When David Sarokin finishes his day job as an environmental scientist in Washington, he heads home to a second batch of questions. He is one of several hundred humans who work for Google, answering questions from users who aren't satisfied with their results from the automated engine that made Google famous.
The queries that users bring to Google Answers (answers.google.com) touch on all parts of life, but they usually cannot be reduced to a few keywords. One incoming freshman at Bates College in Lewiston, Me., for instance, asked for help finding a parking spot near campus. A stargazer asked the name of the two planets rising early in the northwest sky, and a homeowner wanted a "romantic and literary" name for a new house.
Google Answers is one of several services creating an online commons for impromptu research. Ingenio.com, for example, markets the services of traditional professionals like tax lawyers and computer technicians. And some sites, like Wondir.com, maintain a no-fee exchange of questions and answers - though tipping is permitted.
On Google Answers, Mr. Sarokin scans the list of new questions frequently and chooses those he feels he can answer. In some cases he uses his scientific background, but in others he just relies on a well-honed talent as a general researcher.
"We get questions both merely odd, and others pretty incomprehensible, and I tend to steer clear of both," he said. "But now and then, I can't resist."
The oddest of all, he says, had him trying to determine what female vampires wear and "how to defend oneself, as the questioner felt the need to do so would soon arise."
For this answer, Mr. Sarokin received 75 percent of the $4 that the questioner paid Google. The questioner sets the price, and the researchers must decide whether the fee merits the time they are likely to invest in providing an answer.
The questions stay active for 30 days, and the user can increase the fee if no one seems interested. If the answer is excellent, a questioner can add a tip not shared with Google - a practice that about three-quarters seem to follow, according to one survey by the researchers.
Mr. Sarokin once earned $120 for researching the need for a scientific expedition floating in the pack ice in the Arctic. Another effort brought $25 for turning up data on the number of computer crimes committed in 2004. Google imposes a cap of $200 on the fee, and it is not uncommon for people to offer the maximum if they need the answer quickly and want to grab the attention of the researchers.
Colin Colby, the Bates freshman who needed a parking space near campus, said he was happy to pay $200 for an answer that came within 72 hours with the name of a woman who had parking spaces to rent.
The interesting thing to me is how such a service, if it became popular (which, in all honesty, I kind of doubt), would affect the other specialized services that Google is engaged in -- such as "Google Scholar" which attempts to return web resources that have only been produced through the peer-reviewed, corporate-academic research process. Or the new Google attempt to digitize all of the print materials in the University of Michigan library (among others) and provide an indexable search to their contents (but not their copyrighted contents themselves) to web-seekers. Might these bits of Google-mediated information be assigned a dollar value through the Google engine as well?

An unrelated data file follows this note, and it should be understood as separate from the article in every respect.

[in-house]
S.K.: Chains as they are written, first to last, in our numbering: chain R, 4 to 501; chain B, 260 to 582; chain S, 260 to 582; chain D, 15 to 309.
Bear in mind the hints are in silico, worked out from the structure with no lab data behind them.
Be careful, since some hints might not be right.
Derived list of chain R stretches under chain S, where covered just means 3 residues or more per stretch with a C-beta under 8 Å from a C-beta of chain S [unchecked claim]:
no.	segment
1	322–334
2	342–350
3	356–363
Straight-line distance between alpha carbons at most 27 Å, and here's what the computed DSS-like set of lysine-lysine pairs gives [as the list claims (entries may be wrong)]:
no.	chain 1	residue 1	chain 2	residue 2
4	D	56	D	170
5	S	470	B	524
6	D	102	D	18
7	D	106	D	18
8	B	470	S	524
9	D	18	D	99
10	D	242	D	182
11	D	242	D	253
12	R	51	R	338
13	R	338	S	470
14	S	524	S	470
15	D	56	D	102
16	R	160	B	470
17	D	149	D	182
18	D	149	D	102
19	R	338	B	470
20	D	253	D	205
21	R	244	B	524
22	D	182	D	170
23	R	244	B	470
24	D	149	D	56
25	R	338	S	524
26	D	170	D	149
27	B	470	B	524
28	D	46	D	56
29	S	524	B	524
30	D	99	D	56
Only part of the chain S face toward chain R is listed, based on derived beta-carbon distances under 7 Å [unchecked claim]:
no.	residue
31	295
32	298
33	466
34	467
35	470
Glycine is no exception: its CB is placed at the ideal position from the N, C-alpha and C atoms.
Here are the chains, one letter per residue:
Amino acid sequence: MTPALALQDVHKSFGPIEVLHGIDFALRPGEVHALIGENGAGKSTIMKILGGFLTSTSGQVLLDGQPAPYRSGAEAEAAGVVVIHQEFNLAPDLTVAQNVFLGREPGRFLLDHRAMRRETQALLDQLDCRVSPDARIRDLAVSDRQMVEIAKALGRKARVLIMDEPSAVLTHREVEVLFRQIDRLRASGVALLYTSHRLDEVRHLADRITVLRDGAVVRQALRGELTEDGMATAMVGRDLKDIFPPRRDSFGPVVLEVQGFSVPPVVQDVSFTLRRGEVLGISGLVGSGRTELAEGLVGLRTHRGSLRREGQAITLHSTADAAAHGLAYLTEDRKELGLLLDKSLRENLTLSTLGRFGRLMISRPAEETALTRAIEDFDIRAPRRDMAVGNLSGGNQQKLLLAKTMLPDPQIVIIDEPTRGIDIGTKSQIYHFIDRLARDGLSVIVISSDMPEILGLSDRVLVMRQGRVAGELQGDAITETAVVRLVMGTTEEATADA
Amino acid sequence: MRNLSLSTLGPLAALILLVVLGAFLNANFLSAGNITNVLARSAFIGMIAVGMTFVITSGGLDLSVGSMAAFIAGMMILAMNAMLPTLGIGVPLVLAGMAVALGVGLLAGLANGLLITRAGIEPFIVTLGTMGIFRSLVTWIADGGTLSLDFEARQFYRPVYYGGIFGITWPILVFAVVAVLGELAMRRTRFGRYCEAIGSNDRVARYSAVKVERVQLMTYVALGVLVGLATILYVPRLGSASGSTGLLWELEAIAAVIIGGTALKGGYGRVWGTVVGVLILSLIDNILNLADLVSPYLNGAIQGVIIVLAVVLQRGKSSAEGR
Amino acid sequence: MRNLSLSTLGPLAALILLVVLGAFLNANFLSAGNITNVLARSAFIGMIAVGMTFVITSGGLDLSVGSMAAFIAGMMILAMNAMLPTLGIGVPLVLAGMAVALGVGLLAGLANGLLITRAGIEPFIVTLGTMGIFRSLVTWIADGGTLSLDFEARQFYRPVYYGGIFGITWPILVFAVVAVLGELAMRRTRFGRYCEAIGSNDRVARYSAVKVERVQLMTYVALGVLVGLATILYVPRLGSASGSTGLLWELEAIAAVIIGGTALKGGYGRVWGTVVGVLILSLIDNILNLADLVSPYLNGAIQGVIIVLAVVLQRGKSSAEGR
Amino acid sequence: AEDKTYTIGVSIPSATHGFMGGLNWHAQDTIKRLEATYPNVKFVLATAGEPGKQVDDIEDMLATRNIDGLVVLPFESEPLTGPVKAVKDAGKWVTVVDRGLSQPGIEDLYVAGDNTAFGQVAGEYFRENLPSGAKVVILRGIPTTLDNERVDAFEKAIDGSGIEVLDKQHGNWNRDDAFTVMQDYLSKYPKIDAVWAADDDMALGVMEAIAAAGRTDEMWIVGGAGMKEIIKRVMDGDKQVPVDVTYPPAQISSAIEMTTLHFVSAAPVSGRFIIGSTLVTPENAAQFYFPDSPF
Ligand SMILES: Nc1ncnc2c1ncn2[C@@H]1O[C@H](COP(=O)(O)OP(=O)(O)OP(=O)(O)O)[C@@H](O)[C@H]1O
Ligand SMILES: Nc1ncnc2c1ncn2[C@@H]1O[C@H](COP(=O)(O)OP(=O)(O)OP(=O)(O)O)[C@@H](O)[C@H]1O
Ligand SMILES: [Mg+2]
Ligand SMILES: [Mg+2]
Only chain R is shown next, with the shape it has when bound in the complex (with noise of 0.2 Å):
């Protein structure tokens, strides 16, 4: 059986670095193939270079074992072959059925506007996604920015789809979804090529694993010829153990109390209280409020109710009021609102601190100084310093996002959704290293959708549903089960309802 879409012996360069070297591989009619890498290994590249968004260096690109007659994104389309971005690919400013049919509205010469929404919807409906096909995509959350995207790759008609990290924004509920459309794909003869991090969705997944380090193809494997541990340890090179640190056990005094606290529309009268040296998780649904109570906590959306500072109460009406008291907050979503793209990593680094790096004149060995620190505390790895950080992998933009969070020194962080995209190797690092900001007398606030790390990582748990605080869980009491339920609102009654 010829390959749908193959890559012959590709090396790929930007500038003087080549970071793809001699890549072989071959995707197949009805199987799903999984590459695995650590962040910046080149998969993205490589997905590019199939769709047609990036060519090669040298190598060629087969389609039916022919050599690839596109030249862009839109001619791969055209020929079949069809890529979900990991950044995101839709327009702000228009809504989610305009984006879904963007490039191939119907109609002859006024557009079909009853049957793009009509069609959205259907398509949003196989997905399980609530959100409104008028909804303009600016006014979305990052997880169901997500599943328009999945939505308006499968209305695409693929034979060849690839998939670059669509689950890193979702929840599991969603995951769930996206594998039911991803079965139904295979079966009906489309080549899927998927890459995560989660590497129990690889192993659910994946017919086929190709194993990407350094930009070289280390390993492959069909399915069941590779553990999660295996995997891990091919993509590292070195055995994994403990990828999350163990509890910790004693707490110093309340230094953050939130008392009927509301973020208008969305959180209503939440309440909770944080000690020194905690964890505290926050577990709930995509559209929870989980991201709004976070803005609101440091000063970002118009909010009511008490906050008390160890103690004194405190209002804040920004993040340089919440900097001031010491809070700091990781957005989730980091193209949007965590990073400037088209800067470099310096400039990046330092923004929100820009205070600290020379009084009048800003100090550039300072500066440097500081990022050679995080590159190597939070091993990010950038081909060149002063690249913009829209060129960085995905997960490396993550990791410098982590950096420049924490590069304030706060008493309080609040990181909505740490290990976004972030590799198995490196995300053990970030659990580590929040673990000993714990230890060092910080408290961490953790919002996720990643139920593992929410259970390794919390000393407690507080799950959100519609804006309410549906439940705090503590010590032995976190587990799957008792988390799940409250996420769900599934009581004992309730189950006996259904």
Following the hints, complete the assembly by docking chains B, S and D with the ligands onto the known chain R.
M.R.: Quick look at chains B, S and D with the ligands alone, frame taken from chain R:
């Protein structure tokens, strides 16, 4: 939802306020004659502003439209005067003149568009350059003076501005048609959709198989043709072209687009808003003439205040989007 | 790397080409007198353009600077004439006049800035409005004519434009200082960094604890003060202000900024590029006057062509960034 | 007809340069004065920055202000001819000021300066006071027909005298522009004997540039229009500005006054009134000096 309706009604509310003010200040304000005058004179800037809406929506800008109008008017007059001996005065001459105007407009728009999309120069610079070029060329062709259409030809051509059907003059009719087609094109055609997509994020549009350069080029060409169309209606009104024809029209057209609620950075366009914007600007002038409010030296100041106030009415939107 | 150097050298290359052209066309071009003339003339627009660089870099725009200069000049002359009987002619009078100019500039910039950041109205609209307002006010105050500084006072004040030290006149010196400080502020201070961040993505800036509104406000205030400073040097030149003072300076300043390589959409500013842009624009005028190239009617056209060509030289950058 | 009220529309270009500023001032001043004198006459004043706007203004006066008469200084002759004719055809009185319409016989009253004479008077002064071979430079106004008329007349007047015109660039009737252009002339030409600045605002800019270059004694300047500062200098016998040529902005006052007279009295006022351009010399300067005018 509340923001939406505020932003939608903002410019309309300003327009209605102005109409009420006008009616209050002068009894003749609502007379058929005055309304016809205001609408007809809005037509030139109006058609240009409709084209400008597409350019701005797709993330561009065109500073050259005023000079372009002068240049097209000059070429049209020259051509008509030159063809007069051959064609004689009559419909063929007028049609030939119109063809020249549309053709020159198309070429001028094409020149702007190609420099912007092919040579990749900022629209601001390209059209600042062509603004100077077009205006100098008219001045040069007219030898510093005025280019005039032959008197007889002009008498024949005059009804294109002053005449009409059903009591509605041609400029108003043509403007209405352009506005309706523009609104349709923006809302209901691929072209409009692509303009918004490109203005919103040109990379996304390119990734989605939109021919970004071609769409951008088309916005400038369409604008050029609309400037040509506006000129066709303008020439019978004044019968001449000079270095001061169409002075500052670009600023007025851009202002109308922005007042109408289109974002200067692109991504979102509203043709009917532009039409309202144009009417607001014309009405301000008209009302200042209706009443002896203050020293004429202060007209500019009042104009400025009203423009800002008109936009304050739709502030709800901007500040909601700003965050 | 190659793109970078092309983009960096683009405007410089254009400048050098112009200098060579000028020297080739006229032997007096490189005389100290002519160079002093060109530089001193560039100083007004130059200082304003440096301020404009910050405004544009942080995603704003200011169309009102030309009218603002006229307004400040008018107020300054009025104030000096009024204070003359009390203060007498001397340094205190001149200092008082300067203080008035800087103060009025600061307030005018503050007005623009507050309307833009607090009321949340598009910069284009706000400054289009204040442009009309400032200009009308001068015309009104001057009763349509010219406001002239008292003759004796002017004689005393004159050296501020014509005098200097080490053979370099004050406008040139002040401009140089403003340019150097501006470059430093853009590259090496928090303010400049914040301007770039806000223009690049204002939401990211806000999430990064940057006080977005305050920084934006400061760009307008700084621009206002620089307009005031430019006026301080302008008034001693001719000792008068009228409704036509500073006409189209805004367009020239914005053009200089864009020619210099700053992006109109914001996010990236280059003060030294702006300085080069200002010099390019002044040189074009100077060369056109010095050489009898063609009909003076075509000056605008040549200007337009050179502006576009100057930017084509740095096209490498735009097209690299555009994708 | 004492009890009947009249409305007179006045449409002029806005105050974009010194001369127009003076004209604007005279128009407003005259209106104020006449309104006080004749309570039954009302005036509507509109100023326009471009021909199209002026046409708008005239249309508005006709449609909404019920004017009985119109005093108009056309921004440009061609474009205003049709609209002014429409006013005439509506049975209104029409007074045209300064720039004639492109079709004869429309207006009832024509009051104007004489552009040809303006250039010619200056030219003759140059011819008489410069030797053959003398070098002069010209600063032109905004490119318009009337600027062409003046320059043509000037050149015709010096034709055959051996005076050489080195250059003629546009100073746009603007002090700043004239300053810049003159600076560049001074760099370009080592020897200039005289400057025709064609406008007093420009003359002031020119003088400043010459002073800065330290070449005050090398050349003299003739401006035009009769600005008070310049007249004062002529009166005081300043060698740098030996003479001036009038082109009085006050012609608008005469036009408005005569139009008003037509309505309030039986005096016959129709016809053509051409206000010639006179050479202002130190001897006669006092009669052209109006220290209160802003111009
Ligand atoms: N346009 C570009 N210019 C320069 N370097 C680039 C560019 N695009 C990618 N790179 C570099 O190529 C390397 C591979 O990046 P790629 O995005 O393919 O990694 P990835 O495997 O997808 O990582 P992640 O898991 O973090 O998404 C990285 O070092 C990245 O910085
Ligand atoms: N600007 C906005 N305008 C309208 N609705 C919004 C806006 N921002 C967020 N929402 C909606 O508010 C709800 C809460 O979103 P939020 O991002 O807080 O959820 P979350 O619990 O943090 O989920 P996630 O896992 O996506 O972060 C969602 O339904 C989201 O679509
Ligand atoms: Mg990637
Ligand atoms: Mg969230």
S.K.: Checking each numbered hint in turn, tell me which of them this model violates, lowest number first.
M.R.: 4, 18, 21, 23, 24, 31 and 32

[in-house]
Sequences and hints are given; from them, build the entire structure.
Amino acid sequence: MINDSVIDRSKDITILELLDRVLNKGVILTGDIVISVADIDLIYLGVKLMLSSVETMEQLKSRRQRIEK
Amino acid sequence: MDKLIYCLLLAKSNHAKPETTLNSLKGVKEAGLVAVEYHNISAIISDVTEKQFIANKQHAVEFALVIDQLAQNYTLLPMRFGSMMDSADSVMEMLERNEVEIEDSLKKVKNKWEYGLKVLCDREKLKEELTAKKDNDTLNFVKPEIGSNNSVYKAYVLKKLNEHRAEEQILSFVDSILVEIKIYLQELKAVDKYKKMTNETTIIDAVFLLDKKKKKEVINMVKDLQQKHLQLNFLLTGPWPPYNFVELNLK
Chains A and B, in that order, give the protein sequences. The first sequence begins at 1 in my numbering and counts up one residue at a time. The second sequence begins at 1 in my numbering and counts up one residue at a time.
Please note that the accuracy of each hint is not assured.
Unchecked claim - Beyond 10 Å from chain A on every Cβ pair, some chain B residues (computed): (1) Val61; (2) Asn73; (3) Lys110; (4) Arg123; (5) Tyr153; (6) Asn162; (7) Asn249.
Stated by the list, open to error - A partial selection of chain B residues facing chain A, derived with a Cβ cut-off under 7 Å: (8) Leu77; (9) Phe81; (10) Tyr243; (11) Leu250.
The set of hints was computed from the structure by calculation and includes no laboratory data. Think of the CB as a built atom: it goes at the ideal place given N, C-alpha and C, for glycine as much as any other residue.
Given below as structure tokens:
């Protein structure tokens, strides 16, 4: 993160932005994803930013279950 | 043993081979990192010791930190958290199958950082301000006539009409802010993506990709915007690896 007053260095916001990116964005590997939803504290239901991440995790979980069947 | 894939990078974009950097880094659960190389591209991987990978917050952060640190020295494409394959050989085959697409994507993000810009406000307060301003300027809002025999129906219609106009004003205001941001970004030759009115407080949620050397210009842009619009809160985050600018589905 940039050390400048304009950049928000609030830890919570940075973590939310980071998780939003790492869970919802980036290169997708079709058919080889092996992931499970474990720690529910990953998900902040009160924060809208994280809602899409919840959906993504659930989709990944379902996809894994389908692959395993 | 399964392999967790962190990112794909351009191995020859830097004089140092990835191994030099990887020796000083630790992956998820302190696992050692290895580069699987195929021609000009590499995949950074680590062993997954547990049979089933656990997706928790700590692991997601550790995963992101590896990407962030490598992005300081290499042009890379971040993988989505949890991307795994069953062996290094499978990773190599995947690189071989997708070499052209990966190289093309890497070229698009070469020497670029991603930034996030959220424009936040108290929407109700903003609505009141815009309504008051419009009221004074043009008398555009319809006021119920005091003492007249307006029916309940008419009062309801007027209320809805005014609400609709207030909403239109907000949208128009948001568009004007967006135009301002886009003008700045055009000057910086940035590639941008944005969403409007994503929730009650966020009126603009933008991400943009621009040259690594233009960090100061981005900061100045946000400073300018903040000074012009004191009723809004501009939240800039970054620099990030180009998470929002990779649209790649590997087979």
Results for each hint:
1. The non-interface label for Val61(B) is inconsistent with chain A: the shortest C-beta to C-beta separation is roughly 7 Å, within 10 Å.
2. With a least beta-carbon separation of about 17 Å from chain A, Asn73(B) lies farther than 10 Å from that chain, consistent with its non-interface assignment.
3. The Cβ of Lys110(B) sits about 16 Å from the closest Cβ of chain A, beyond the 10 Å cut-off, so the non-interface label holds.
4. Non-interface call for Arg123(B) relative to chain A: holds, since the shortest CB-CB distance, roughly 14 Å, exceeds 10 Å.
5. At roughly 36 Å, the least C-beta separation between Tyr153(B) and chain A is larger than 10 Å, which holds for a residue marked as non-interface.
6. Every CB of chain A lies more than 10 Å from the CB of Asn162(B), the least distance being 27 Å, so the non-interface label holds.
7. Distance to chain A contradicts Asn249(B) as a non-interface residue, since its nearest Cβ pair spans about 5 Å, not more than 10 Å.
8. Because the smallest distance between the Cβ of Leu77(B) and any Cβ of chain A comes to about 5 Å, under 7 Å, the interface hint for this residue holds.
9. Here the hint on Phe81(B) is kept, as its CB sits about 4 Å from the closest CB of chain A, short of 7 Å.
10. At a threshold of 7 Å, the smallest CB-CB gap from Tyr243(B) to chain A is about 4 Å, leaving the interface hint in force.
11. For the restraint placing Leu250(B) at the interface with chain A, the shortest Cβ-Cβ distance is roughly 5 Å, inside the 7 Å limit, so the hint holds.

We have a long tradition of subsidizing expert information-seekers for the benefit of all, without regard to ability to pay, in our society -- the library reference desk is a prime example. We also have a long tradition of relying on trained experts -- like, say, an engaged and inquisitive press -- to seek out socially-useful answers. Have these committments and expectations evaporated? What about the expectation that public education and university education will train individuals to use tools -- like libraries, and newspapers, and, yes, Google itself, for crying out loud -- to ask and answer important questions for themselves? Would broad popularity of, and endemic reliance upon, "Google Answers" undermine such efforts?
Dystopian or utopian scenario, depending on your positionality: Will the next generation of Google-groomed university students begin to calculate the cost/benefit ratio of classes they attend, based on the Google-market value of the facts that they learn there? Will chastened university research review committees find that they have to evaluate a faculty member's market-based output in facts and trivia, as calculated through the Google filter, in making a case for tenure? Or will state legislatures abandon even more of their funding role for public education and research, claiming that teachers at all levels should act as entrepreneurs, selling piecewage facts, figures, and parables over Google-affiliated school web sites in order to supplement sub-minimum-wage salaries?
OK, maybe I'm having a science-fiction moment here. But the question I'm trying to illustrate (if not "answer") is -- how do information valuing and commodification practices in one area of social/political/economic life affect the commodification and valuing of information labors in other areas of social/political/economic life? Answer me that, Google.